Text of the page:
Are any free trials or autoship programs present? These should be avoided at all costs, as we’ll outline next.
An Important Note About Free Trials & Autoship Programs
Remember how we previously mentioned that less-than-stellar companies hide behind their Terms & Conditions (T&C)? This is because T&C documents are legally-binding contracts between you and the company, and if you’re not aware of precisely what these documents contain, you could be roped into something you never intended in the first place.
Do you know exactly what you’re agreeing to?
In our professional opinion, two of the most underhanded tactics buried deep in within the Terms & Conditions of less-than-stellar products are free trials and autoship programs, which often go hand in hand.
Have you ever seen a product (generally testosterone boosters, weight loss supplements, and anti-aging products) advertised for only the cost of shipping? If so, this typically means it comes as a trial, often lasting 14 days, after which you’ll be billed the full price of the product. What may not be immediately apparent though—but is something you’ll learn more about in the T&C—is that these trials almost always begin on the date your order is placed, which means that by the time you receive the product, you may only have a couple days to try it out before being required to cancel your trial.
On top of this, many less-than-stellar companies will require that you send the product back and that they receive it at their warehouse before your trial is considered “cancelled.” As you can see, when it comes to “free” trials, it’s often the case that once you place your order, you’re almost certain to be billed full price, regardless of the actions you take in the interim.
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After your trial has expired and you’ve been billed full price, you’ll generally also be enrolled in the company’s autoship program, which means you’ll continue receiving the additional product on a regular basis (usually every 30 days) and your credit card will be charged each time. In our experience, these autoship programs are more about charging you as much as possible than they are about providing you with any kind of convenience.
And perhaps worst of all, we found that credit card companies will often side with manufacturers when it comes to disputing charges associated with free trials and autoship programs since you expressly agreed to the T&C (remember, a legally-binding contract) when placing your order.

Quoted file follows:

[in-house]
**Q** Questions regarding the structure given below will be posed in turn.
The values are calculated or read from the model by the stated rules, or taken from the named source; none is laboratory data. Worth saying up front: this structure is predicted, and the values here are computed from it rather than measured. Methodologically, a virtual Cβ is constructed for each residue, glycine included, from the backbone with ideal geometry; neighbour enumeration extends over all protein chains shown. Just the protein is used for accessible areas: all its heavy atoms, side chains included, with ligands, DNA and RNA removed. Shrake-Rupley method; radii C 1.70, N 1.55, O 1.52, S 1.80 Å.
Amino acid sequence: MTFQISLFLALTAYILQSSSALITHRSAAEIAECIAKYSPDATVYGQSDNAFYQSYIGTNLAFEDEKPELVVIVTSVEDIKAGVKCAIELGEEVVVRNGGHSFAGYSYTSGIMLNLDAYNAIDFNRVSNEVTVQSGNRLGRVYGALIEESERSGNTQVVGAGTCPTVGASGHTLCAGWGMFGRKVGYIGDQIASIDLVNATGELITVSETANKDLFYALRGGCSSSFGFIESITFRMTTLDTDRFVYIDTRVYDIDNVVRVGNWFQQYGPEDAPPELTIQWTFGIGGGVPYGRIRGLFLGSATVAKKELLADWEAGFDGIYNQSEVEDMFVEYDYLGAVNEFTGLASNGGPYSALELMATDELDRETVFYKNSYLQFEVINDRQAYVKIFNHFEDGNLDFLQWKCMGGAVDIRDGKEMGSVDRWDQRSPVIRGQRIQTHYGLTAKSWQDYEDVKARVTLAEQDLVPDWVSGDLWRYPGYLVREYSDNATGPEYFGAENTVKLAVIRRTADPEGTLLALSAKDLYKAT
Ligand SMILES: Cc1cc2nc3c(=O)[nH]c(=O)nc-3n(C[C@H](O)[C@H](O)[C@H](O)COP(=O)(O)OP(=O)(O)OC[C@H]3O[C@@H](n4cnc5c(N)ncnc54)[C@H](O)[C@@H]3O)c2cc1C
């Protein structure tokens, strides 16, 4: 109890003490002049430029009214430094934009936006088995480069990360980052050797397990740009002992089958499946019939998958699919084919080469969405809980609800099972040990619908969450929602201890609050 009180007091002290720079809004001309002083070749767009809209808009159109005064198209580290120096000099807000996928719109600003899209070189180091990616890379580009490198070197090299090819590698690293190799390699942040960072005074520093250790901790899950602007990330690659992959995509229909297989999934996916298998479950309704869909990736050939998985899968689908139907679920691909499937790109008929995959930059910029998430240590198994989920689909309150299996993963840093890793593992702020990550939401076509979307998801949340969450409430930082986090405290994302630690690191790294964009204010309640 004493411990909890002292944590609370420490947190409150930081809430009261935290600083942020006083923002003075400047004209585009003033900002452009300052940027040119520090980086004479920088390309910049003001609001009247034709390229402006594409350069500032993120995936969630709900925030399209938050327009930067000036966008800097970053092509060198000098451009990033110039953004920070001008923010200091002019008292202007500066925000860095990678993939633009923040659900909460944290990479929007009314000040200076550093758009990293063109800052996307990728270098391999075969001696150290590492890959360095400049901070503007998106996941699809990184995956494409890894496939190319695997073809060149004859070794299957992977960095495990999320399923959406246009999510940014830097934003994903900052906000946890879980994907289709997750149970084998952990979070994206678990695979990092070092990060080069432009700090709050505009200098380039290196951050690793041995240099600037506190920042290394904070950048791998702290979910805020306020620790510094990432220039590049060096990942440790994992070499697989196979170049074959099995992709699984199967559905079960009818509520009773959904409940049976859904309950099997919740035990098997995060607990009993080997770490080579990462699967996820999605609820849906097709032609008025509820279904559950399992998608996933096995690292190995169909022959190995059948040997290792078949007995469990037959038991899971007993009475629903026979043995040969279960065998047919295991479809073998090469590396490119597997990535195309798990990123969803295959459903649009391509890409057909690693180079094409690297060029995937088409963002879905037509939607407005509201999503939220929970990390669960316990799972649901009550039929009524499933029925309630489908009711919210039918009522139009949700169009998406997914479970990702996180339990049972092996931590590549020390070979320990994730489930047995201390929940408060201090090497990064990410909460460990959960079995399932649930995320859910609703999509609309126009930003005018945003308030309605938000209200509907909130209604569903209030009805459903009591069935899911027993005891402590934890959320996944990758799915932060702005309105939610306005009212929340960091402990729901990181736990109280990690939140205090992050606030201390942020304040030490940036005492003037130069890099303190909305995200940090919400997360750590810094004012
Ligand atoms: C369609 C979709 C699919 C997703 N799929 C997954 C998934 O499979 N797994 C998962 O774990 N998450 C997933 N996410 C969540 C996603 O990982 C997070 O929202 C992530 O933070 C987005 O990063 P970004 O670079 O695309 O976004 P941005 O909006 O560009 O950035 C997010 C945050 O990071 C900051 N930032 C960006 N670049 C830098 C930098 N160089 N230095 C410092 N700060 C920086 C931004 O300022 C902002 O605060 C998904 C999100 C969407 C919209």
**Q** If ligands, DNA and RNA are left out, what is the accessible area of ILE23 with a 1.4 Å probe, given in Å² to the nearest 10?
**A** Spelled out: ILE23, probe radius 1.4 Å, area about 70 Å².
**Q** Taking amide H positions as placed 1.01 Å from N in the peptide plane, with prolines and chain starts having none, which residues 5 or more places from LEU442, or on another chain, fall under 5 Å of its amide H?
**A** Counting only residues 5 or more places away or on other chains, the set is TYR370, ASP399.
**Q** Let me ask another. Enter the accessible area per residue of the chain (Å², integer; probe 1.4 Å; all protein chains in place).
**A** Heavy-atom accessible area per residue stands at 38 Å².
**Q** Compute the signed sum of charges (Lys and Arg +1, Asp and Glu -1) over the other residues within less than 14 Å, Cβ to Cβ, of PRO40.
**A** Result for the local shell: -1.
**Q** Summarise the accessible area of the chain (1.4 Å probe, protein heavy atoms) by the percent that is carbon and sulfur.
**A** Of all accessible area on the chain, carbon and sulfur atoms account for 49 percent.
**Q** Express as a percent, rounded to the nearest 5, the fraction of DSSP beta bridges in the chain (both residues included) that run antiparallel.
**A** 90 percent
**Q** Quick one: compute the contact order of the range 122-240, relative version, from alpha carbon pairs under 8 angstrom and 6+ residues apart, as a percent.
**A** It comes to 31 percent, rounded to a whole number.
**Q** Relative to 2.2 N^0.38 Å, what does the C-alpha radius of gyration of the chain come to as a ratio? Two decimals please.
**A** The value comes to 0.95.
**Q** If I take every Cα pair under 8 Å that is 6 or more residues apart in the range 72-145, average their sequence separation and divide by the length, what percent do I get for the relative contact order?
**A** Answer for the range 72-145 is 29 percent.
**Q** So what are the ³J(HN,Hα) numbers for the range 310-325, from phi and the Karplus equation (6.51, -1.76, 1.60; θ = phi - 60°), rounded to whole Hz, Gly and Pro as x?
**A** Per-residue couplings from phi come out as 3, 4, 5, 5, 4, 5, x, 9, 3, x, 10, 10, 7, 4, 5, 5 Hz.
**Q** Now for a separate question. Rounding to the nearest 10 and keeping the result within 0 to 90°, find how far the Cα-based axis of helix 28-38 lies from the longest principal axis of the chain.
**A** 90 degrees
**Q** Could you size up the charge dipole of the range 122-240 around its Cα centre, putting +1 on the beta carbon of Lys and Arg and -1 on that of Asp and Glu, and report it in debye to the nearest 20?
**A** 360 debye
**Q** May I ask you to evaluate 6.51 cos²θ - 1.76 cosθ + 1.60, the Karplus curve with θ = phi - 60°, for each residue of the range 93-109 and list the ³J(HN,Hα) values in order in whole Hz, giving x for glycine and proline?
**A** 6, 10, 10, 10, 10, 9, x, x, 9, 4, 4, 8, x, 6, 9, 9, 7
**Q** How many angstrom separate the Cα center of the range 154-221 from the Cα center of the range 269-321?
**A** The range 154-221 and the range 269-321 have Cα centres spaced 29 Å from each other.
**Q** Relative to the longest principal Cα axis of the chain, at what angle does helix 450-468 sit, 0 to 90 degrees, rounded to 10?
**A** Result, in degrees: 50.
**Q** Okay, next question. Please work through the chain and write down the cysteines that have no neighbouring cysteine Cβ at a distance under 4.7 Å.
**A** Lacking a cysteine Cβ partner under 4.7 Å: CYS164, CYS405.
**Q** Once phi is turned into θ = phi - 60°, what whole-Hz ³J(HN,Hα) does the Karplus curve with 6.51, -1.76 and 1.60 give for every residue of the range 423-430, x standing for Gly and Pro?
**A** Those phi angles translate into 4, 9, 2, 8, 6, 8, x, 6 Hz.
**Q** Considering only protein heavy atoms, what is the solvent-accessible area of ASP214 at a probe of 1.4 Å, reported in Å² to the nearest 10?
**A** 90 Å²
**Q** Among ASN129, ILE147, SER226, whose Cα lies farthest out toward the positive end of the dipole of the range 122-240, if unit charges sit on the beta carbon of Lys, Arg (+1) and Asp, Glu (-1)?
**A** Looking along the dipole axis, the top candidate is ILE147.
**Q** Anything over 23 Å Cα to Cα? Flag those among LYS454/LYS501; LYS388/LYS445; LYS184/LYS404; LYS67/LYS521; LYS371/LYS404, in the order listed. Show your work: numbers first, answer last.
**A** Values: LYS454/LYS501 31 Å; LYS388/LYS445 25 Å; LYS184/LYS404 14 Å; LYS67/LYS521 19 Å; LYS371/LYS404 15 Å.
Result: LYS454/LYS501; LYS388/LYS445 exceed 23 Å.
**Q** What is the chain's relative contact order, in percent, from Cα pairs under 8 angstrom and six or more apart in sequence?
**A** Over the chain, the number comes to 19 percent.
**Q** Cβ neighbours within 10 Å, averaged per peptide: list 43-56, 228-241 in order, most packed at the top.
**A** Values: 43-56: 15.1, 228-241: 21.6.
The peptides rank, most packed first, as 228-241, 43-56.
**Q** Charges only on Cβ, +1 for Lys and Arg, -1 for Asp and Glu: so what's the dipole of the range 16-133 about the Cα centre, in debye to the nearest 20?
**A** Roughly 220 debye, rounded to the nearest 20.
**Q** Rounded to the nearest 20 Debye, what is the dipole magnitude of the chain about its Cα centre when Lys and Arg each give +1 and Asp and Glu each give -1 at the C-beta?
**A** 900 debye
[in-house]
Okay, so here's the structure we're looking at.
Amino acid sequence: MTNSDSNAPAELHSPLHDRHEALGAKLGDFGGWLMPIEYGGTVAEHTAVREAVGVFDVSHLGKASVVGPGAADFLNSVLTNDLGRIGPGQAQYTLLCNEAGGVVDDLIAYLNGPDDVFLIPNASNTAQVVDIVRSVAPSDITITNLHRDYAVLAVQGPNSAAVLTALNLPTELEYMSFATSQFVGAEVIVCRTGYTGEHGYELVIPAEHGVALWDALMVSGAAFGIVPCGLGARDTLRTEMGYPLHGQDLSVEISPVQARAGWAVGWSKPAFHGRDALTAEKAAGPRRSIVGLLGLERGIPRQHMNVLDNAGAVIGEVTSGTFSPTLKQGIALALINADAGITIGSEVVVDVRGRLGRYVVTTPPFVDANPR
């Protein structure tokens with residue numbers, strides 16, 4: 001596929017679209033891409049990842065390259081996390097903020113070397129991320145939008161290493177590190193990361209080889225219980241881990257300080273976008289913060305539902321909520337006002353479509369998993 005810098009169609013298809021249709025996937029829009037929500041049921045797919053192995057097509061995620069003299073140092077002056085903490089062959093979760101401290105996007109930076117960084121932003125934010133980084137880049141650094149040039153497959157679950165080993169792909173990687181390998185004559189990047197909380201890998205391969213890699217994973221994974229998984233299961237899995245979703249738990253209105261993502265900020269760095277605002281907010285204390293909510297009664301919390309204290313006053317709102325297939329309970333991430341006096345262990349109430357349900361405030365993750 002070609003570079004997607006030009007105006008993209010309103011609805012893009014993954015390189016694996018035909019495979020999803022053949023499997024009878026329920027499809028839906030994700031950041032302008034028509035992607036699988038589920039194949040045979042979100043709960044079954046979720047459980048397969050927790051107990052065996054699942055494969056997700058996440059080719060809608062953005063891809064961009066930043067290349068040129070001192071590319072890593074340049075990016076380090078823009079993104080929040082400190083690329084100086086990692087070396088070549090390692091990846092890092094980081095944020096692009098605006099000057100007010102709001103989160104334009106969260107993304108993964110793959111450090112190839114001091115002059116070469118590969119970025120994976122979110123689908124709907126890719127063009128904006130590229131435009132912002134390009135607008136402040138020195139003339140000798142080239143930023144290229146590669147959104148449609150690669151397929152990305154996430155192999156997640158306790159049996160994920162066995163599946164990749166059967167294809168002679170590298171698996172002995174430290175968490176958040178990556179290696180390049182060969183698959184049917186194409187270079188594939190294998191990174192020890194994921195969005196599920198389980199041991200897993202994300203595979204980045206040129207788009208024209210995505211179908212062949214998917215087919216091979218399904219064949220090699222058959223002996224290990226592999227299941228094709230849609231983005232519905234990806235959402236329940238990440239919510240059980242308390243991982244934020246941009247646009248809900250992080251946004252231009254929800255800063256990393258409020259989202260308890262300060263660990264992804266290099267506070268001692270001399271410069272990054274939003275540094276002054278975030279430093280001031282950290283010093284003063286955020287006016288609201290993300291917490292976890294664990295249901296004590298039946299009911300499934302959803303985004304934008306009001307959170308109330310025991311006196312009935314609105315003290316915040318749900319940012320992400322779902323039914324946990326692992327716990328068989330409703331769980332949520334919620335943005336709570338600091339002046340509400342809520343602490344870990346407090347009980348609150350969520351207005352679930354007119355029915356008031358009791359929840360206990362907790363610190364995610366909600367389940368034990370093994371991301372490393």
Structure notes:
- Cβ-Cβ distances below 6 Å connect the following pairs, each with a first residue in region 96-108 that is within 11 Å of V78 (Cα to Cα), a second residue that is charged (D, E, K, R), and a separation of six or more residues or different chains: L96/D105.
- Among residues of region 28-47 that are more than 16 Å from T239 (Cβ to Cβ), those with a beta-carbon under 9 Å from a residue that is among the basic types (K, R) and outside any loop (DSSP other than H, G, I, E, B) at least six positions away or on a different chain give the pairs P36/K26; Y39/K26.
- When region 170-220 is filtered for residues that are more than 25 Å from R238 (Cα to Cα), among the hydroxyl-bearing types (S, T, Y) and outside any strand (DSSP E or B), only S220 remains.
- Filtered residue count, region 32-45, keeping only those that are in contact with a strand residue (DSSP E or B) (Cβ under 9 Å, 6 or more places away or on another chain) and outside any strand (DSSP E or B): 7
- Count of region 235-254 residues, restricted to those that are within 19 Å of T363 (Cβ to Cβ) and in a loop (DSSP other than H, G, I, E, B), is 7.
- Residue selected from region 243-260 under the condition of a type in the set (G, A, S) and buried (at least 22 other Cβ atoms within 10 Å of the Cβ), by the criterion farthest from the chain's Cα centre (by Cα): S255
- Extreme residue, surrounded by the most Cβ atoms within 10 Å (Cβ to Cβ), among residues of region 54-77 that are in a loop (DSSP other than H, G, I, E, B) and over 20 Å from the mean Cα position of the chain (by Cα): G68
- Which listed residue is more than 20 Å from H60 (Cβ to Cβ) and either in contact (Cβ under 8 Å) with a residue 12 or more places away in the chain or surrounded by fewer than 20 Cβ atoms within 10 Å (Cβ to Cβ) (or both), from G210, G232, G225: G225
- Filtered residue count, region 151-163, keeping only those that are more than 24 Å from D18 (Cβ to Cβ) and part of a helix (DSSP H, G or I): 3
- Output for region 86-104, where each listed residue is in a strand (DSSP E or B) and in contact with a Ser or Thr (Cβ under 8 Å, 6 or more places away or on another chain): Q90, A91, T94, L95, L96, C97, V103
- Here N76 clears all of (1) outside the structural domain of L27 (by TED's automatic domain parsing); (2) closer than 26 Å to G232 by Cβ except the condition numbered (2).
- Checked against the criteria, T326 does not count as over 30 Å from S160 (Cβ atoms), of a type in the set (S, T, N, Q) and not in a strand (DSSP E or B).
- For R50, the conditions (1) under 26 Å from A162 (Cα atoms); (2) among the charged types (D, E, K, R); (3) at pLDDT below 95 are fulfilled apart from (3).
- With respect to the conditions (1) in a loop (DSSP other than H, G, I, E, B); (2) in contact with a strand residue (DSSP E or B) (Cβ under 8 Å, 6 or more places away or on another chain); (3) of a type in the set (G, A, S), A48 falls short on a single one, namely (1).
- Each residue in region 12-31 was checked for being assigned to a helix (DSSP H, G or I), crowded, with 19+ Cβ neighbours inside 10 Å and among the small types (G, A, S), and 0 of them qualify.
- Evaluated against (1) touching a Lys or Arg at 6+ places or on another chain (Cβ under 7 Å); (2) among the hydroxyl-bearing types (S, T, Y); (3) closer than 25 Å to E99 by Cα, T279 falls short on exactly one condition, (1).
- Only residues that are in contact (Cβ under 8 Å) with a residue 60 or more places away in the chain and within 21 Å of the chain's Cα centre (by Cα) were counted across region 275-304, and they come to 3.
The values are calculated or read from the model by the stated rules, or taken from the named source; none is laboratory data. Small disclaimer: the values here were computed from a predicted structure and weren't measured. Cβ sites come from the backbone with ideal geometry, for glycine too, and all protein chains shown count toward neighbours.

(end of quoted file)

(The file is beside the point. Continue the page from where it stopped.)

Because of these concerns, if you come across a product being sold only through a free trial and subsequent autoship enrollment, we’d recommend avoiding it altogether.
4. Experience the Company First-Hand
Now that you’ve completed your due diligence, it’s time to take action by contacting the company directly. Here’s where the research you performed in the previous steps will pay off in spades, since you’ll be able to compare what you’ve learned with the answers you receive from customer service. Also, how you’re treated before becoming a customer is a great indication of what you can expect afterward.
With this in mind, visit the Contact page on company’s website, where you should find a physical address and a telephone number (preferably toll-free, but if not, it shouldn’t be a deal-killer). If there 1) isn’t any contact information clearly listed on the website, 2) only a PO Box shown for the address, and/or 3) only an email address shown for direct contact, it’s our experience that the company may not be legitimate, and could potentially be a scam.
Once you do locate a telephone number though, pick up the phone, call the company, and give their customer service department a test run. Here are some important questions you should ask:
What are shipping costs? How is the product shipped (e.g. Standard, Expedited, etc.) and what carrier do they use (e.g. FedEx, UPS, USPS, etc.)? Keep in mind most shipping methods that arrive within 5-9 days are not expensive, and should generally be less than $10 for average-sized products (obviously, faster shipping methods like Overnight will be more expensive). Also, legitimate companies do not charge separate S&H charges for multiple products in the same order, since the added cost to send additional products at the same time is negligible. If this is the case (as you’ll find within the As Seen on TV industry), stay alert.
Once your order is placed, can it be tracked (we have records of companies using fake order tracking systems)?
What’s their return/refund policy?
Perhaps more so than any other step in the process, this is where you need to trust your intuition. In other words, if you don’t feel good about the answers you’re receiving to your questions, don’t order the product.
5. Is Your Connection Secure?